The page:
Dr Robert Jay Lifton THE NAZI DOCTORS:
                        Medical Killing and the
                            Psychology of Genocide ©
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“Something that still weighs on my mind [is that the ‘euthanasia’ project] was experience in preparation for the mass killing later on [because he knew that] during this process, Desinfektoren, were shown [how to kill] and these people later on worked in concentration camps in the East.”

He also raised to himself a disturbing question — “the. problem I cannot solve.” That question was, “How would I have reacted . . . if I had psychiatric training and had done psychiatric work at the Wehrmacht — and were then sent to this place, ... if I had been the right man on the right spot?" He strongly implied that he might well have stayed, because “at that time Hitler was still for us the Führer Hitler couldn’t have made a mistake.”

Yet Wolfgang R. managed to leave, and we must ask why he was able to do at least that and Dr. D. was not. We cannot say with certainty, but the question Dr. R. asked himself suggests two probable factors: his greater sensitivity to guilt and his intense focus on technical issues. Concerning the latter, we shall see again and again that a plea of technical professional limitation was the best way for a doctor (or anyone else) to avoid taking part in a Nazi project. But Dr. R. appeared to mean it his uneasiness at being thrust into a killing situation would not have been sufficient inner justification for refusing an important assignment coming from the Führer, but his sense of actual technical (psychiatric) limitation could both add to that uneasiness and serve as that justification. There was an additional factor, an ironic one, that might have been the most important of all: Dr. D’s intense idealization of the regime — his extraordinary attachment to both the Nazis and the German military. This idealization could turn to profound disillusion when confronted with the Nazi killing project and especially when asked as an unprepared doctor, to participate in it.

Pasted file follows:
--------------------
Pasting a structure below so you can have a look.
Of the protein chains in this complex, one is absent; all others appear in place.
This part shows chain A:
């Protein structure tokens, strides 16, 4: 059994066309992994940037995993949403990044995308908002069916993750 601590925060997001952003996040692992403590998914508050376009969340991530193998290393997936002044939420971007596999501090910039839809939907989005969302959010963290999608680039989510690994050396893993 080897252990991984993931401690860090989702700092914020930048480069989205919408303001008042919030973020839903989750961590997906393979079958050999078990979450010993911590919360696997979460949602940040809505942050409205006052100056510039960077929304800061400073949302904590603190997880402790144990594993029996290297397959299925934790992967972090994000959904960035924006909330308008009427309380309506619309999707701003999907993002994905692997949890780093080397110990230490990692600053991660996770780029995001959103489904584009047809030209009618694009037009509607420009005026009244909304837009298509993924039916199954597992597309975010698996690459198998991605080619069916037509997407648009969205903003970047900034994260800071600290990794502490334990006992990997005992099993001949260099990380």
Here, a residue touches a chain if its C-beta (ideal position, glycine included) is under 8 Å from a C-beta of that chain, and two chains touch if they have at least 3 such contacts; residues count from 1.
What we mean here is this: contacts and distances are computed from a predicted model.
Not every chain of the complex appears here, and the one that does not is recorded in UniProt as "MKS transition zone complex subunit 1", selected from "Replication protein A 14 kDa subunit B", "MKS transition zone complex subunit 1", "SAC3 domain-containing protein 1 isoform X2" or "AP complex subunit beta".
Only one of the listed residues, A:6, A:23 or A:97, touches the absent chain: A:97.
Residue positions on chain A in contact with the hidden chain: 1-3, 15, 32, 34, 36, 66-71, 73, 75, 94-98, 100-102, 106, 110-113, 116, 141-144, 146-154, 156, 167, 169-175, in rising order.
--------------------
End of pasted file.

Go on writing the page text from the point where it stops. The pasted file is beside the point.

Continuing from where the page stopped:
The Rank and File 
In respect to the T4 programs several ordinary psychiatrists I interviewed described various combinations of knowledge and confusion, and of cooperation along with gestures of resistance.

Dr. Günther E., who had worked in a few of the state hospitals where most German psychiatrists were then employed, represented one kind of response from the psychiatric rank and file. I encountered him as an old man living in rural retirement at first friendly and responsive but increasingly uncomfortable over the course of the interview as the atmosphere of the Nazi era emerged.

Never an ardent Nazi but friendly toward the regime at the time, he had considered the sterilization program “a useful thing” because he agreed with the regime’s contention that the state should be associated with  
Medical Killing and the
Psychology of Genocide

Robert J. Lifton
ISBN 0-465-09094
© 1986
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